Although poet laureate, Poncington von Dick, always saw himself as a man of the people, it was only when his chauffeur driven Silver Ghost Rolls Royce broke down that he took on the challenge of mixing with the working class and taking public transport.
This fool-hardy escapade almost cost him his sanity. Recovering in Richington’s Private Hospital for the Financially Comfortable, he told ‘Blimey! Facking Poets Everywhere!!’ magazine:
“It had to be done. One felt, to really empathise with the chip butty and whippet brigade, that one had to gird one’s mettle and head into the bull-pit that was public transport. I took both the train – which is no longer steam driven, unlike in those charming Harry Potter books – and the bus, which was nothing but a haven of depravity and oikishness. I am, however, a better man for the adventure. Although mentally more fragile.”
Out of this nerve-shattering experience, he wrote the following horrific screed:
“Howling faces, screaming at me from the mist,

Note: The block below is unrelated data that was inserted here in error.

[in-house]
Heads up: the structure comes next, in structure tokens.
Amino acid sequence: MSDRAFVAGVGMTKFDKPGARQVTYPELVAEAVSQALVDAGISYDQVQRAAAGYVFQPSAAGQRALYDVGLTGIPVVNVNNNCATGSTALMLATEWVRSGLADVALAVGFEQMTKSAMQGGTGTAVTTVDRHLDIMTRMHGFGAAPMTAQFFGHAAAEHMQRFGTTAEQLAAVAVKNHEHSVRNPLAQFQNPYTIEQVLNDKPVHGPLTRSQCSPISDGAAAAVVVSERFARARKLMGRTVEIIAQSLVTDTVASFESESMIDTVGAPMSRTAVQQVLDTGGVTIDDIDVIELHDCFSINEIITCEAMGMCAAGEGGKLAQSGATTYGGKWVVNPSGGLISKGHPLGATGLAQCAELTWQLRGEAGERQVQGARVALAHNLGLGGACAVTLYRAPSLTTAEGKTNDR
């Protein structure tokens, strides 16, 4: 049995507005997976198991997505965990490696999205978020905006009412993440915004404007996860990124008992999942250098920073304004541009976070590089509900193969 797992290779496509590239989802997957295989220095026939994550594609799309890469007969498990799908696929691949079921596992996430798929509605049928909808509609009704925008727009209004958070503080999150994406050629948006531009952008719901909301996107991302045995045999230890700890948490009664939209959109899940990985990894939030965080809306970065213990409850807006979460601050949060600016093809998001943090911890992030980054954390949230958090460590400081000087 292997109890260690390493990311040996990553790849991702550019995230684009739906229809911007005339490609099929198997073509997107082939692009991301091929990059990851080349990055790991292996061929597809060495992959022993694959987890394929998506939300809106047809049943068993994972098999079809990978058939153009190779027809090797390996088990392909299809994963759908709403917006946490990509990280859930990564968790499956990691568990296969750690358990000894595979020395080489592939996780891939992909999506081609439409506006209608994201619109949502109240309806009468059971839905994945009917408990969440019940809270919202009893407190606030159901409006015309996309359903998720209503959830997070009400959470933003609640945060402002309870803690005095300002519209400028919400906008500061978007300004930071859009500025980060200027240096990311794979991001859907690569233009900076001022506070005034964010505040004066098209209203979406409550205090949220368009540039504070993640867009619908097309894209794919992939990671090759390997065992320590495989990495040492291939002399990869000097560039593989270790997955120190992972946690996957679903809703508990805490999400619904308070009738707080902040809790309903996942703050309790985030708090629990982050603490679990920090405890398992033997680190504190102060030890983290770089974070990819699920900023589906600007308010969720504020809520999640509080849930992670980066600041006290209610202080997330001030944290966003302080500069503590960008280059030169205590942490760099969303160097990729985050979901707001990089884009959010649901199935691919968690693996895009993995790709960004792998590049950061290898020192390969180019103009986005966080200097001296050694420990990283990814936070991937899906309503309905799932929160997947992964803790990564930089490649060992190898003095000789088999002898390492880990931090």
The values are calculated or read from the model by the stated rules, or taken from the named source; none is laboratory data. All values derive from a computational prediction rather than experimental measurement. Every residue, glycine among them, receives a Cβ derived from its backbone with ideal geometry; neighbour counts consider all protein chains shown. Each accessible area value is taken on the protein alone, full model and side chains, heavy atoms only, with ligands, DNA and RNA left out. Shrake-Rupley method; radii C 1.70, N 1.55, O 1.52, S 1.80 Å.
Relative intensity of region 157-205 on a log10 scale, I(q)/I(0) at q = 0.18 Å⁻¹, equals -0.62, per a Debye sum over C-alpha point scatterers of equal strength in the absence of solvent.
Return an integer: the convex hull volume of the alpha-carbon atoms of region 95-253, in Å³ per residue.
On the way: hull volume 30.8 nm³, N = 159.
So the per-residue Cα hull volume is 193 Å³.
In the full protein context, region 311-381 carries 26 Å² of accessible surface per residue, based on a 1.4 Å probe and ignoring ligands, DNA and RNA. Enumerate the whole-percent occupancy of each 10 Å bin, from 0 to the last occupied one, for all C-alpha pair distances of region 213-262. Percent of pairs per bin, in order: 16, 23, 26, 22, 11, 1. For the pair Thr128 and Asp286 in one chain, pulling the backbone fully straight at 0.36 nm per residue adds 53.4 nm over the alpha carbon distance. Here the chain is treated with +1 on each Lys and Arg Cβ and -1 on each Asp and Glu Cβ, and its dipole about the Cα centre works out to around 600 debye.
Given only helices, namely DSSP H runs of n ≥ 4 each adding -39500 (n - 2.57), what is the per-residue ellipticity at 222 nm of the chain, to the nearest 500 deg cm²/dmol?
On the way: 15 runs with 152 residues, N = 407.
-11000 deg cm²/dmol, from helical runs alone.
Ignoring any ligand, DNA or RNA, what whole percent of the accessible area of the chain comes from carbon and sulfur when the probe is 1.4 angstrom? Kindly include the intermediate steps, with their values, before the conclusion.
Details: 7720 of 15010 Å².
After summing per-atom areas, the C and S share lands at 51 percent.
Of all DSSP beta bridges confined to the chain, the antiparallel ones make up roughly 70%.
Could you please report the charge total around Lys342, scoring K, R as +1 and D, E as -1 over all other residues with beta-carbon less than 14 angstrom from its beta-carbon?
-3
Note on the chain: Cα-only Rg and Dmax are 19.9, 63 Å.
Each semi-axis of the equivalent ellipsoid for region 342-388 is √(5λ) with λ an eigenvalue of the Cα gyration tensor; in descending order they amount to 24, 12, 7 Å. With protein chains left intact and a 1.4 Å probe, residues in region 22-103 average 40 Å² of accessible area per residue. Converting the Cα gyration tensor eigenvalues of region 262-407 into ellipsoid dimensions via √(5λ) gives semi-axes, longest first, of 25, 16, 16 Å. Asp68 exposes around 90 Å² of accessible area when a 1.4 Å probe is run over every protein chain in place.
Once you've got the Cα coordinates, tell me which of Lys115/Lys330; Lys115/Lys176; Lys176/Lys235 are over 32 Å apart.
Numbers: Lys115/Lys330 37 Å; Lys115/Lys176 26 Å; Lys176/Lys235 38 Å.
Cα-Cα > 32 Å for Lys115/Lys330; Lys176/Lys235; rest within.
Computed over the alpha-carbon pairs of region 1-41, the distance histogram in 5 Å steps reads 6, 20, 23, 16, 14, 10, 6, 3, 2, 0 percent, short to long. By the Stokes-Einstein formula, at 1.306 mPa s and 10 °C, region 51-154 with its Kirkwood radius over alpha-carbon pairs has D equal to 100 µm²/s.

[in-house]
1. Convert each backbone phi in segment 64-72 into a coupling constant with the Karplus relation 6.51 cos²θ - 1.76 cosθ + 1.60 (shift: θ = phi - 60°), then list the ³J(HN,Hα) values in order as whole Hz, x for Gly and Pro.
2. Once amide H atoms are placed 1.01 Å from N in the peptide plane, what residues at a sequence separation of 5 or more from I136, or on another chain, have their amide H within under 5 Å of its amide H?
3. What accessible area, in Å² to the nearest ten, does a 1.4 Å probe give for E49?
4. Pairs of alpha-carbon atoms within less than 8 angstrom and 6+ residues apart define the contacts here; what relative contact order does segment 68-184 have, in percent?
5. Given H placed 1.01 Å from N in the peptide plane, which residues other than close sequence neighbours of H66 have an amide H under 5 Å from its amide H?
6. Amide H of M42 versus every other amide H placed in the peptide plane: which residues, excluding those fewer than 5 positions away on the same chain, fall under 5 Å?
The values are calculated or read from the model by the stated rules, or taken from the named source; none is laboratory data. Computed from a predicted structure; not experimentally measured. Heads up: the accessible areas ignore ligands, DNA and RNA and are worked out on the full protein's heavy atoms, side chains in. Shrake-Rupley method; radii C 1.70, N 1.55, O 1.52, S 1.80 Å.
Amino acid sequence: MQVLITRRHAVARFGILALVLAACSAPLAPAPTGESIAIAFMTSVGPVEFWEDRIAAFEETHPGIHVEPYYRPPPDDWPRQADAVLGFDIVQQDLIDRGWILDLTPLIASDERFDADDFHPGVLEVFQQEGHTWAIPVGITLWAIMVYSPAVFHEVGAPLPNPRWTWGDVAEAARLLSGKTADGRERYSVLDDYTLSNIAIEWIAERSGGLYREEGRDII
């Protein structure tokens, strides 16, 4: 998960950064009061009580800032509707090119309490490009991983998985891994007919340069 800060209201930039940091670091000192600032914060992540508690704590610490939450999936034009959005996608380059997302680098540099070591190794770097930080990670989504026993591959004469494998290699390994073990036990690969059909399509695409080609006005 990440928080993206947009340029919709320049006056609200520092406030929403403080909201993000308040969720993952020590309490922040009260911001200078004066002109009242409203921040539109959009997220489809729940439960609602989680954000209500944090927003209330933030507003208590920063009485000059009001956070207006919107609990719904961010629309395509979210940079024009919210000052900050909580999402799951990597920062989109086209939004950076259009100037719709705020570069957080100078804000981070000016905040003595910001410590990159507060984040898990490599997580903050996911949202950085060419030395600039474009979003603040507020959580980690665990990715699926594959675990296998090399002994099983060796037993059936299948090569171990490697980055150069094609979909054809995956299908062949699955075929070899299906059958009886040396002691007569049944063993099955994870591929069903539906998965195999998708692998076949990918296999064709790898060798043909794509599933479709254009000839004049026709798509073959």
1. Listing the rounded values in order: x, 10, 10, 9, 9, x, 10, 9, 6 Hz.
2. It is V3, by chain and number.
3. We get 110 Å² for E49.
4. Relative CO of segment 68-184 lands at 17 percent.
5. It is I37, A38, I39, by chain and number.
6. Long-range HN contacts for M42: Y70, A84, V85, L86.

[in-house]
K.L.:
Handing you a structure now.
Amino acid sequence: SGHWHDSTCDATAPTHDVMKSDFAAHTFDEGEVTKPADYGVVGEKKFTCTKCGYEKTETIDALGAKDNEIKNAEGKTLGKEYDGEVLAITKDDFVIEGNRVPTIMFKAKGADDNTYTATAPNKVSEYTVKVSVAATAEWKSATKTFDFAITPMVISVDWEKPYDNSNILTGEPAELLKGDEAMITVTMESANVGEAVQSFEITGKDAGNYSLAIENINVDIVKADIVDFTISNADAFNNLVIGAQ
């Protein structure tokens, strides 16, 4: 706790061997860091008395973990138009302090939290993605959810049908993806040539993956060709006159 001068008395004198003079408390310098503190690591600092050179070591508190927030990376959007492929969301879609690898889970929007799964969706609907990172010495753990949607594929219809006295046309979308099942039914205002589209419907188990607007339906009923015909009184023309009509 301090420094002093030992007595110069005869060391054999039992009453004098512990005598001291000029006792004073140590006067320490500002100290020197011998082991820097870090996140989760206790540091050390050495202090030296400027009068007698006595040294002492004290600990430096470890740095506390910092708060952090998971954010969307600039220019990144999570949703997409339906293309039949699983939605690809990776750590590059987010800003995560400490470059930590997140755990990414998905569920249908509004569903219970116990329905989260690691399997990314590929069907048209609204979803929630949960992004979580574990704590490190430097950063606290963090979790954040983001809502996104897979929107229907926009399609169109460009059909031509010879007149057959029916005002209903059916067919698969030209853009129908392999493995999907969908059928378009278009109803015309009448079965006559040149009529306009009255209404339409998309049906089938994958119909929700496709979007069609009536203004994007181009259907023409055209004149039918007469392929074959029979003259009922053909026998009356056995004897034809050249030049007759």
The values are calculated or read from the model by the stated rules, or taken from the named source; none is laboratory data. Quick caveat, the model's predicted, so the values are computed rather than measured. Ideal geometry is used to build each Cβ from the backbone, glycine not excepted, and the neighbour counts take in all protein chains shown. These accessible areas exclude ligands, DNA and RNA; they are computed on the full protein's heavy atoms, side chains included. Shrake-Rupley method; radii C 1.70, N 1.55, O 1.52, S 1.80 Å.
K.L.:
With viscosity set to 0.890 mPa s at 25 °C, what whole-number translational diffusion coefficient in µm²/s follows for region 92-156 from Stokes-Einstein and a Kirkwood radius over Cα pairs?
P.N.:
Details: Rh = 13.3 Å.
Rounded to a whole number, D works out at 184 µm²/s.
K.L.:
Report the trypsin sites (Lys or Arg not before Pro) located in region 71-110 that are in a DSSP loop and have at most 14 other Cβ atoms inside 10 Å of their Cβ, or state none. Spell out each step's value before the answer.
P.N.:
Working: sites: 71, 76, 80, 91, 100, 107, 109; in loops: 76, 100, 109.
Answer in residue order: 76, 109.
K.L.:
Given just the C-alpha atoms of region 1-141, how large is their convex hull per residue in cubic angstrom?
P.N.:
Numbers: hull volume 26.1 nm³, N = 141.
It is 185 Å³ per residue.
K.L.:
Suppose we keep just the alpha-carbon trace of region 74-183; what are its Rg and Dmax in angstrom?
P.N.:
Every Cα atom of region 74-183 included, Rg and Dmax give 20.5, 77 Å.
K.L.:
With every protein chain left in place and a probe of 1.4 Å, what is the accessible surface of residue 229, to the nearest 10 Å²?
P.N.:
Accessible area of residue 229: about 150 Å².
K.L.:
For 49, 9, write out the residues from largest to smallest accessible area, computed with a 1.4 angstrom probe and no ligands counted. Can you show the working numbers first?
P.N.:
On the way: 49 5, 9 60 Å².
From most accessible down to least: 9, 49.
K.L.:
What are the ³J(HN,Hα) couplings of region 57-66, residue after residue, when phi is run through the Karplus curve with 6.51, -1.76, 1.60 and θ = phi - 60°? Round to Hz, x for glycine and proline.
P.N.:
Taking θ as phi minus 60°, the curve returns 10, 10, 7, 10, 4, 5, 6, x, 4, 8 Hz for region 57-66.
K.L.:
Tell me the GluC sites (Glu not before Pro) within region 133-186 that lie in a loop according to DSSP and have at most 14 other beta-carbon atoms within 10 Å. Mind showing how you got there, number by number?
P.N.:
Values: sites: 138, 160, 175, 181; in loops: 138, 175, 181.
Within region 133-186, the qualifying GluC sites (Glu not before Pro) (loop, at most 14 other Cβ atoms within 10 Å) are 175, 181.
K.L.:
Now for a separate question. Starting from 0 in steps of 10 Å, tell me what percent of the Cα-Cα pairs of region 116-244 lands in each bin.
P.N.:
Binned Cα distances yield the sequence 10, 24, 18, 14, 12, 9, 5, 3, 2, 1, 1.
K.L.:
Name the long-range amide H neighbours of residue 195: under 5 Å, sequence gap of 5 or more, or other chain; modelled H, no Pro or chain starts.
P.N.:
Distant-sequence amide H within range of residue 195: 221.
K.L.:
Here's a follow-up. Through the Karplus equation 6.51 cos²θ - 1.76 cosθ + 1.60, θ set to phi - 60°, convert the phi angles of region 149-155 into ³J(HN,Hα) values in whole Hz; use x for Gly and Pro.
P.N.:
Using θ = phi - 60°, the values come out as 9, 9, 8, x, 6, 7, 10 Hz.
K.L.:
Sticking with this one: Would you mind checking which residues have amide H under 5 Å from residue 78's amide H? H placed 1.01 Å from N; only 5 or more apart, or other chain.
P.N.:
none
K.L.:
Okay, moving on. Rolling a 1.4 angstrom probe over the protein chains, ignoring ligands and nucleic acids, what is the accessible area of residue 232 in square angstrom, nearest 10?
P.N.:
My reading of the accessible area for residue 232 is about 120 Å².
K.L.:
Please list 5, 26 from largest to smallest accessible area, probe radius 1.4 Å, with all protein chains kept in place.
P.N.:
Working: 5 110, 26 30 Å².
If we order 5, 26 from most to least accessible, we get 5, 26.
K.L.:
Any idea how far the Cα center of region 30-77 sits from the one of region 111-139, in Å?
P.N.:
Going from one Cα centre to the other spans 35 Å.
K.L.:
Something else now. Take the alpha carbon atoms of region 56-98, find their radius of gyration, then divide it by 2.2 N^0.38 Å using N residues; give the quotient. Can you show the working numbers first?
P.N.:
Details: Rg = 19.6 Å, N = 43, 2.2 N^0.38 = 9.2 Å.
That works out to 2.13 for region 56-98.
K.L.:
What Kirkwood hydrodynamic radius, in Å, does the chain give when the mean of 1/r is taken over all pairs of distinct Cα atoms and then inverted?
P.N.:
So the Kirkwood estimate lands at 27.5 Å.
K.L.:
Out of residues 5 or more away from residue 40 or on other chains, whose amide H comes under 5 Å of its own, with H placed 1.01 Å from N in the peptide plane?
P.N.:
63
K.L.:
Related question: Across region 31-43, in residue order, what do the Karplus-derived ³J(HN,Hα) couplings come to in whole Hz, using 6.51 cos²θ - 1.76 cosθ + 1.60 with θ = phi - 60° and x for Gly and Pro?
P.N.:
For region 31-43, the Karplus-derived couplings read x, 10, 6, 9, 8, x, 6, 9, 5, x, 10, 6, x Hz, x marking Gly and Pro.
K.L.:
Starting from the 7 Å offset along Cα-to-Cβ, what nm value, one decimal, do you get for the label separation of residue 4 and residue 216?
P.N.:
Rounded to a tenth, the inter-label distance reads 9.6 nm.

With cor blimey cockney knees up horror, they crush me from all sides,
Smelling of the mines from which they must have travelled,
Or the greasy cafes and dog-fighting clubs they visit,
To gamble away their farthings for a bellyful of mother’s ruin.
Oh, calamity, why dost though beat upon my sensitive breast,
Why dost fate seek to procure me a glimpse of the fresh pit of hell?
The Queen’s English – nary a whiff;
Instead, an endless tirade of ‘fack this’ and ‘bollocks that’ and ‘cant the other’,
My ears cannot be far from death.
But hark, through the sweaty faces of the great unwashed, the wall of plebs break,
For there, the Groucho Club, where Squiffy and Snotty and Two-Arses Toffy will be,
The bus spews me – sweaty, panting and almost driven lunatic by its machinations,
Into the warm embrace of my fellow travellers.
Thanks, Squiffy – I’ll have a large one.”
Dante himself could not have penned a more nightmarish ode.